UK House of Lords rejects ban on hybrid-embryo research

The UK’s House of Lords has backed government proposals that will allow research using human-animal hybrid embryos, the vote came as a relief for scientists, who had campaigned in favour of
allowing such research. But the result was also met with disappointment from some groups who see the creation of such embryos as unethical.

The embryos are made up of human tissue for the most part, but also contain a small amount of animal DNA.

The vote came after an amendment to the Human Fertilisation and Embryology Bill was put forward in the House of Lords. But the motion was defeated by 268 votes to 96.

When the legislation comes into force, scientists will be able to keep hybrid embryos alive for 14 days, but not implant them into a womb.

Four UK research organisations had appealed to the House of Lords not to block the use of human-animal hybrid embryos for research following reports of opposition among some peers.

Lord Alton had proposed an amendment that would prohibit the creation of inter-species embryos. If the amendment was not passed, he and his supporters were seeking a tightening up of the
assessment process that precedes the granting of licences for creating inter-species embryos.

A briefing document from four research bodies – the Medical Research Council, the Royal Society, the Wellcome Trust and the Academy of Medical Sciences -explained why scientists consider hybrid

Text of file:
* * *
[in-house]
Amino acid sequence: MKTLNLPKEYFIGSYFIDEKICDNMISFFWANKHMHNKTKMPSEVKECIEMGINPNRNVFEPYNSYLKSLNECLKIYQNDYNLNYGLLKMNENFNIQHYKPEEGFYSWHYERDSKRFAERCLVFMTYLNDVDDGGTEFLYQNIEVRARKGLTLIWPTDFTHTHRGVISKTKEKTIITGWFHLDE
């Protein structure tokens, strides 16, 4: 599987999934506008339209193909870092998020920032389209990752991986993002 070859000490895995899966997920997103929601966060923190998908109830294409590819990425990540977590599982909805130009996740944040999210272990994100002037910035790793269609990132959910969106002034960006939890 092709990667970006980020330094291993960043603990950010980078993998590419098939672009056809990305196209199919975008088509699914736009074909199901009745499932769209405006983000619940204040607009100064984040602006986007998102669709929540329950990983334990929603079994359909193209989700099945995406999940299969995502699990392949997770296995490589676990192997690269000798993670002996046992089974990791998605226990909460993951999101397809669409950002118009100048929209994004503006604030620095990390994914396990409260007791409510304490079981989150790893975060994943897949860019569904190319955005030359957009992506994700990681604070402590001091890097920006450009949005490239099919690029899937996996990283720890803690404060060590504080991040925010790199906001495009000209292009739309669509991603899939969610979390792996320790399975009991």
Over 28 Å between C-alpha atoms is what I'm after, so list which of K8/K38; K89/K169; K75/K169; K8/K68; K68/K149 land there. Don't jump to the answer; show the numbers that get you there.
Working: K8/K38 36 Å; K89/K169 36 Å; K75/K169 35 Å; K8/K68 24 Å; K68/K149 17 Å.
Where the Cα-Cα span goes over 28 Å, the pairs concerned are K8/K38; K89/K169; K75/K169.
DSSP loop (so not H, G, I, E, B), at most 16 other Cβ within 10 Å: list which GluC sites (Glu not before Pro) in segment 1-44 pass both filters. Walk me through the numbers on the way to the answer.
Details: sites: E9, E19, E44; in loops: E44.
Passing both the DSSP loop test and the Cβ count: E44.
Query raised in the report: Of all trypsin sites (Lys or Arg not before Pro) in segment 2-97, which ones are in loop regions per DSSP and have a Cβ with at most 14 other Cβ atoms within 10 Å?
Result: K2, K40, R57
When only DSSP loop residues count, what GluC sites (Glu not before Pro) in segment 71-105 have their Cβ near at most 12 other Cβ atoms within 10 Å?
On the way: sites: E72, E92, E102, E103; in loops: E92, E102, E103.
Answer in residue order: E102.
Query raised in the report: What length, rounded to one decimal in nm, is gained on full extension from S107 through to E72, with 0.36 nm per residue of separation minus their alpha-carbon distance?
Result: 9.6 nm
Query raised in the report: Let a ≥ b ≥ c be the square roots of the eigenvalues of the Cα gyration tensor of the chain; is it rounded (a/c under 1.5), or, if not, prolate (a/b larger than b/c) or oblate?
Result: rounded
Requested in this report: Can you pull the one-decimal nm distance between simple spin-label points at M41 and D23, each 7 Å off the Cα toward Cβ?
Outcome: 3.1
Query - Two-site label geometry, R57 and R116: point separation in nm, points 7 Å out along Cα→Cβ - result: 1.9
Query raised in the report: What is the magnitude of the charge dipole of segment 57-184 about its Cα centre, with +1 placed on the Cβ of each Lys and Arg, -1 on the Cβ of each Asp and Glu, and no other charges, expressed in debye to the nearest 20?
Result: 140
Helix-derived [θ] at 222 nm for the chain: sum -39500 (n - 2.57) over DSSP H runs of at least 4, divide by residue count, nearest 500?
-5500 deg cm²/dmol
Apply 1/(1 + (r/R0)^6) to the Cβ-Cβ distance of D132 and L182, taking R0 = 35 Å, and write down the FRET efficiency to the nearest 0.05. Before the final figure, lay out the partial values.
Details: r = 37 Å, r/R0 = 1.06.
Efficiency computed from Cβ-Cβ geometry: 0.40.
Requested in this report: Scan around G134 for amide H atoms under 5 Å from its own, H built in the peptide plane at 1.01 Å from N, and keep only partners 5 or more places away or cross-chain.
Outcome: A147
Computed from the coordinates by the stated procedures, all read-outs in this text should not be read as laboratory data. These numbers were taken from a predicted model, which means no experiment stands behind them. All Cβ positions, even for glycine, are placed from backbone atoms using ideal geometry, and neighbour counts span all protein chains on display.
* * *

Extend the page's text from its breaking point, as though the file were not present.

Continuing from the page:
embryos as very important.

‘This research has massive potential to provide treatments for serious debilitating disorders ranging from developmental abnormalities in young children, to stroke, cancer, HIV/AIDS, diabetes
and Parkinson’s disease, as well as better and safer treatment for infertile couples,’ stated the paper.

The majority of peers shared this view. Fertility scientist and peer Lord Winston said that ‘95% of the scientific fraternity believe that embryonic stem cell research is necessary.’ Health
Minister Lord Darzi offered reassurance that controls are in place: ‘Such research will only be permissible with a licence from the HFEA [Human Fertilisation and Embryology Authority] and only
in circumstances where the HFEA deemed the research necessary. In making such decisions the HFEA will be required to take into account all other avenues of research which may achieve the same
end.’

The scientists’ briefing paper went on to suggest that the UK is one of the leaders in this field, and that any restrictions would threaten this leadership position: ‘The UK’s strengths in this
field present valuable opportunities to influence the international agenda, drive the translation of basic research towards clinical benefits and attract skilled scientists and international
investment in stem cell research to the UK.’

As the vote took place, hundreds of demonstrators from the organisation Christian Concern For Our Nation gathered outside the House of Lords.

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